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#1 Cover for car

Posted: Tue Aug 13, 2019 10:10 am
by AshM
Off to collect my car at the weekend and looking forward to getting some miles on the new engine over the next few months.

I have decided to treat it to a new dust cover (for internal use in the workshop only).

Research has shown me there are a plethora of choices and costs so thought I would see if anyone on here has any specific recommendations that they are particularly pleased with.

I hate being without the car - nothing to do - even the workshop has had a makeover. :bigrin:

cheers
Ash
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#2 Re: Cover for car

Posted: Tue Aug 13, 2019 5:30 pm
by bobsnicholson
A neat and tidy workshop/garage is the sign of a person with a sick mind :lol:
Cannot advise on covers as my cars are garaged but not covered.
Enjoy the new engine

#3 Re: Cover for car

Posted: Tue Aug 13, 2019 6:31 pm
by christopher storey
I am very much against the use of covers unless you can absolutely guarantee that your site is dehumidified at all times. Anything else is almost certain to result in the cover absorbing and retaining moisture, and the end result of this is usually extensive micro-blistering. the only time I would use a cover is for transient protection if, for example, a very dusty job was being undertaken , and then only for perhaps 24 hours at most

#4 Re: Cover for car

Posted: Tue Aug 13, 2019 7:26 pm
by mgcjag
Hi Ash...i use loose polyester covers.....polyester dosnt absorbe moisture and remains dry......i did try just plain loose cotton sheet but cotton gets damp very quick......my garage is brick with slate roof and not sealed so dehumidifier not worth useing....during winter when its damp/misty etc i run a desk fan on the floor blowing under the car.....condensation/moisture will not form on a surface with moveing air blowing over it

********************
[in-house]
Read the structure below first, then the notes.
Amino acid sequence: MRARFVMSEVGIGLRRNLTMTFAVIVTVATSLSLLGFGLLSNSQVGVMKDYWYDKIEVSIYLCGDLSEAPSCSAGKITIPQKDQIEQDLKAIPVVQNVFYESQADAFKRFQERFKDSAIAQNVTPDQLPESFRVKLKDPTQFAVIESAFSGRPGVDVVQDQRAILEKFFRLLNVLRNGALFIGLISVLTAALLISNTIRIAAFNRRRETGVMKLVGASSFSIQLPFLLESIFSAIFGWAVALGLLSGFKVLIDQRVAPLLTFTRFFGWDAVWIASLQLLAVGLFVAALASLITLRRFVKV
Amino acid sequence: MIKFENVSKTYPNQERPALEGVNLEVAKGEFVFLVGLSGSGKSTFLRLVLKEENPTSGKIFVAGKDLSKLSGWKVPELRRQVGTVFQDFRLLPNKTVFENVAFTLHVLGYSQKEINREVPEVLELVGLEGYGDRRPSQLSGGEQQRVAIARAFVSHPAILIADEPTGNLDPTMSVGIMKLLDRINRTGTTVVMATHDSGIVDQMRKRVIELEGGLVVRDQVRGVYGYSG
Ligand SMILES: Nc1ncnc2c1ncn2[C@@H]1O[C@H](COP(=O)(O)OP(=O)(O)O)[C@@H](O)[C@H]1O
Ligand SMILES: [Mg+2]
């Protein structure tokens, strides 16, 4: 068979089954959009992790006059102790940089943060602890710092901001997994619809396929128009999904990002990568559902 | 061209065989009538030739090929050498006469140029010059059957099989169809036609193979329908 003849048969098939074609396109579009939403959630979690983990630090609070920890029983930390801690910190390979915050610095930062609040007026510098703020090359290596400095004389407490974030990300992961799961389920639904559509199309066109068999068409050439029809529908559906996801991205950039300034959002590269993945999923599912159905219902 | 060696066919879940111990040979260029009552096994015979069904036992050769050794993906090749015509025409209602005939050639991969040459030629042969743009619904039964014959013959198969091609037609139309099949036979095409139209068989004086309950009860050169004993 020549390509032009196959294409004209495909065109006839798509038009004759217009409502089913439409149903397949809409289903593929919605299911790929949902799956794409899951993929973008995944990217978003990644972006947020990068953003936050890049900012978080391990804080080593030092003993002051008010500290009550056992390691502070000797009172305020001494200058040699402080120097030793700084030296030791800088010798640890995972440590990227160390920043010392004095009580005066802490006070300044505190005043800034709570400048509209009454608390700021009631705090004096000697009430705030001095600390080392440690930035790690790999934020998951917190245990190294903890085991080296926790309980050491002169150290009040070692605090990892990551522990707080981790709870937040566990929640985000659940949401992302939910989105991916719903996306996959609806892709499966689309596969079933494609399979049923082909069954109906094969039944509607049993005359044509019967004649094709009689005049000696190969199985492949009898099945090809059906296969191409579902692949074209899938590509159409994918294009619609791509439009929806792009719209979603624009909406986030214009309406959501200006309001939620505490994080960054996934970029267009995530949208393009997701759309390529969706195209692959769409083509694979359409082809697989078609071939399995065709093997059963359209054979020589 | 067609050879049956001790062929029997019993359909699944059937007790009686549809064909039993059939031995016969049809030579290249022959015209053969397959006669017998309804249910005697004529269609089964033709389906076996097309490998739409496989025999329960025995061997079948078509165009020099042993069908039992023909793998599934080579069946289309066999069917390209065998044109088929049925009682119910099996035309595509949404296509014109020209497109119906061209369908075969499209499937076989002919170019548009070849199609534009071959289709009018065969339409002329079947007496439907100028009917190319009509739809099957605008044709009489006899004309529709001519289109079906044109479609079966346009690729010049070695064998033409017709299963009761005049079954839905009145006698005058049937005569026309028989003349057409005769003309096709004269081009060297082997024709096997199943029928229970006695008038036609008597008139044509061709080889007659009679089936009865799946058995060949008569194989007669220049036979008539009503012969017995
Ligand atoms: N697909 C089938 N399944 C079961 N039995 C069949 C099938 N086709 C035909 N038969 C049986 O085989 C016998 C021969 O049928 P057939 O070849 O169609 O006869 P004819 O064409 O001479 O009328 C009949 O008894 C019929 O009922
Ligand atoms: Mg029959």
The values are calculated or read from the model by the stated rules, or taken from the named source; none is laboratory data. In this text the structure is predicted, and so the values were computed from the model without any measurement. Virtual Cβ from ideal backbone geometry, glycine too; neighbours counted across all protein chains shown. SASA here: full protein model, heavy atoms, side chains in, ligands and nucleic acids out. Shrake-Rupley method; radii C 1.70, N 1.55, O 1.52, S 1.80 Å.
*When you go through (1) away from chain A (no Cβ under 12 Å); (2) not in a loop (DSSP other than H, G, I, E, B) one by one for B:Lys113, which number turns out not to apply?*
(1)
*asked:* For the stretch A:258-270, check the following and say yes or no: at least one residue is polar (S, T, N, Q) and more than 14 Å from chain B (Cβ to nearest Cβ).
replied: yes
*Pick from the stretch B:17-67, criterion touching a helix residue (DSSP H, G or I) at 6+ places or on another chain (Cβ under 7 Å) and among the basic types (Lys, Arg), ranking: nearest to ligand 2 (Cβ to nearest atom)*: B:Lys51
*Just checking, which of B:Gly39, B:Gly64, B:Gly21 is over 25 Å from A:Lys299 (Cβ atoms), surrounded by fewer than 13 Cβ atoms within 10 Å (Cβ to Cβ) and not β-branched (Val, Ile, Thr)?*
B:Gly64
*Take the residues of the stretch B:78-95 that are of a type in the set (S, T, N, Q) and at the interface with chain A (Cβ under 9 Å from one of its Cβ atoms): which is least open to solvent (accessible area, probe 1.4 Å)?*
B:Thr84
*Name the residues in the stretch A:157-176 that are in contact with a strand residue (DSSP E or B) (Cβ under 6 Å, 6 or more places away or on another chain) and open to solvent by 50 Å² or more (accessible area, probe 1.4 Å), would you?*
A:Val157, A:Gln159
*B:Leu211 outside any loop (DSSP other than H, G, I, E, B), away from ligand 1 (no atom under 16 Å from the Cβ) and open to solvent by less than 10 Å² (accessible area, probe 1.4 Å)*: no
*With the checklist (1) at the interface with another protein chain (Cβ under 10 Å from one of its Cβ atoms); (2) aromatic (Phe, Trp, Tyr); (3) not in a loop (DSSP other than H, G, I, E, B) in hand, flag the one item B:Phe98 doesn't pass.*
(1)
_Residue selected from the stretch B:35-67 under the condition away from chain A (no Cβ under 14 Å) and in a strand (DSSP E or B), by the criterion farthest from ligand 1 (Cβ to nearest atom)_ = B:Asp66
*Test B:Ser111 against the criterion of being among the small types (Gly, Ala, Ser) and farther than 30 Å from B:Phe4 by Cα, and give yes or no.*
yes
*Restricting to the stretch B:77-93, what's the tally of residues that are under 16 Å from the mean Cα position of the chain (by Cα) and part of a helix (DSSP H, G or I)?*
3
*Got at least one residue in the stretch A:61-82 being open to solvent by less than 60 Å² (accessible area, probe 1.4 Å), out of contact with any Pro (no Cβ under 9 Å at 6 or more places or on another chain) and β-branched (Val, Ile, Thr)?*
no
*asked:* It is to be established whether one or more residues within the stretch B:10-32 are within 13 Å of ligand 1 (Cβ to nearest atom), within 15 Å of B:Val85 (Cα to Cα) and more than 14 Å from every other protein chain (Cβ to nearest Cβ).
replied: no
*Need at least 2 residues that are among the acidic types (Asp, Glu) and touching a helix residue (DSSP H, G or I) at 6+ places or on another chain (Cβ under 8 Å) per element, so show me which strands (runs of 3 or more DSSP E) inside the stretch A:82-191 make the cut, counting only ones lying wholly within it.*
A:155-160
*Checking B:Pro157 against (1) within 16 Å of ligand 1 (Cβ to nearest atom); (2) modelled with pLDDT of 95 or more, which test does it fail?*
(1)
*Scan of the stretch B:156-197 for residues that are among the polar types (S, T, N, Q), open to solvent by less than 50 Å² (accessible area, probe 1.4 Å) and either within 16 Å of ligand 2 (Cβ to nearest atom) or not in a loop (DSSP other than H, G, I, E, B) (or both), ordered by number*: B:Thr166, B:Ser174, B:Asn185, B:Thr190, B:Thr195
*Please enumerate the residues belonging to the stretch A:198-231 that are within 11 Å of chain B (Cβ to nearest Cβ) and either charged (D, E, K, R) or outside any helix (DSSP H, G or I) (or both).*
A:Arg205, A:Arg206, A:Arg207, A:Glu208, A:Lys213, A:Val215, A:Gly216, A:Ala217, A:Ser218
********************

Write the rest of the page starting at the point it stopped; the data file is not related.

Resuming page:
#5 Re: Cover for car

Posted: Wed Aug 14, 2019 5:59 am
by chrisfell
My car has been covered with old candle wick bedspreads for all of the last 16 years. The only purpose is to keep the dust off the paintwork, a task these covers perform well. In fact the very same covers were used on my previous classic for almost 20 years, without any detriment to the paintwork in over 36 years of use.

I have a cheap (Halfords) general cover for when the car is on tour. It fits my 2+2 perfectly, is waterproof and breathable.

#6 Re: Cover for car

Posted: Wed Aug 14, 2019 6:54 am
by Barry
Unless you can guarantee a humidity level of 55% max, do not under any circumstances put a cover on your car for reasons already mentioned. Secondly, and looking at the cleanliness of your garage, I imagine you are very fussy about the condition of your paintwork. In which case to cover a car risks further fine scratches on the paintwork, as the cover is dragged over the paint finish when putting on and off. I proved this following mopping my paintwork with a rotary polisher, and no matter how carefully I put the cover on, I got some fine scratch lines. When you have a concours paint finish, a cover is certainly a mistake. As for Chrisfell with the candle wick bedspreads, well, need I say anymore! Having said that, not everyone is interested in a concours paint finish, each to his own.

#7 Re: Cover for car

Posted: Wed Aug 14, 2019 9:31 am
by Jonny XKE
I prefer my carcoon veloce. Easy to get in and out due to the frame. I can look at it through window! and get into it quickly without taking off the whole cover. Also no scratches pulling the cover on and off. Keeps it dry and moisture free. You can put it away if it gets a bit dirty unlike normal covers. Finally it also keeps away rodents.

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#8 Re: Cover for car

Posted: Sat Aug 17, 2019 7:24 am
by Barry
Excellent, Jonny, particularly in the type of garage you have. Lofty open roof space with what looks like an old clunch wall at the back, gives an opportunity for condensation to form. The Carcoon solution with the fans, keeps humidity levels low and also keeps away rodents as you say. I used a similar solution before I could design my own garage to counter condensation, well insulated (u value same as a house) and an open roof with no trusses using what is called a flitch beam (so capable of one car above another.) I live in the country, so rodent control is important, so I have flexible rubber seals on all doors. I still have professional de-humidifiers on automatic control on the odd occasion when humidity rises above 55%, with external drainage to the outside. To get back on theme, therefore, no need for a cover!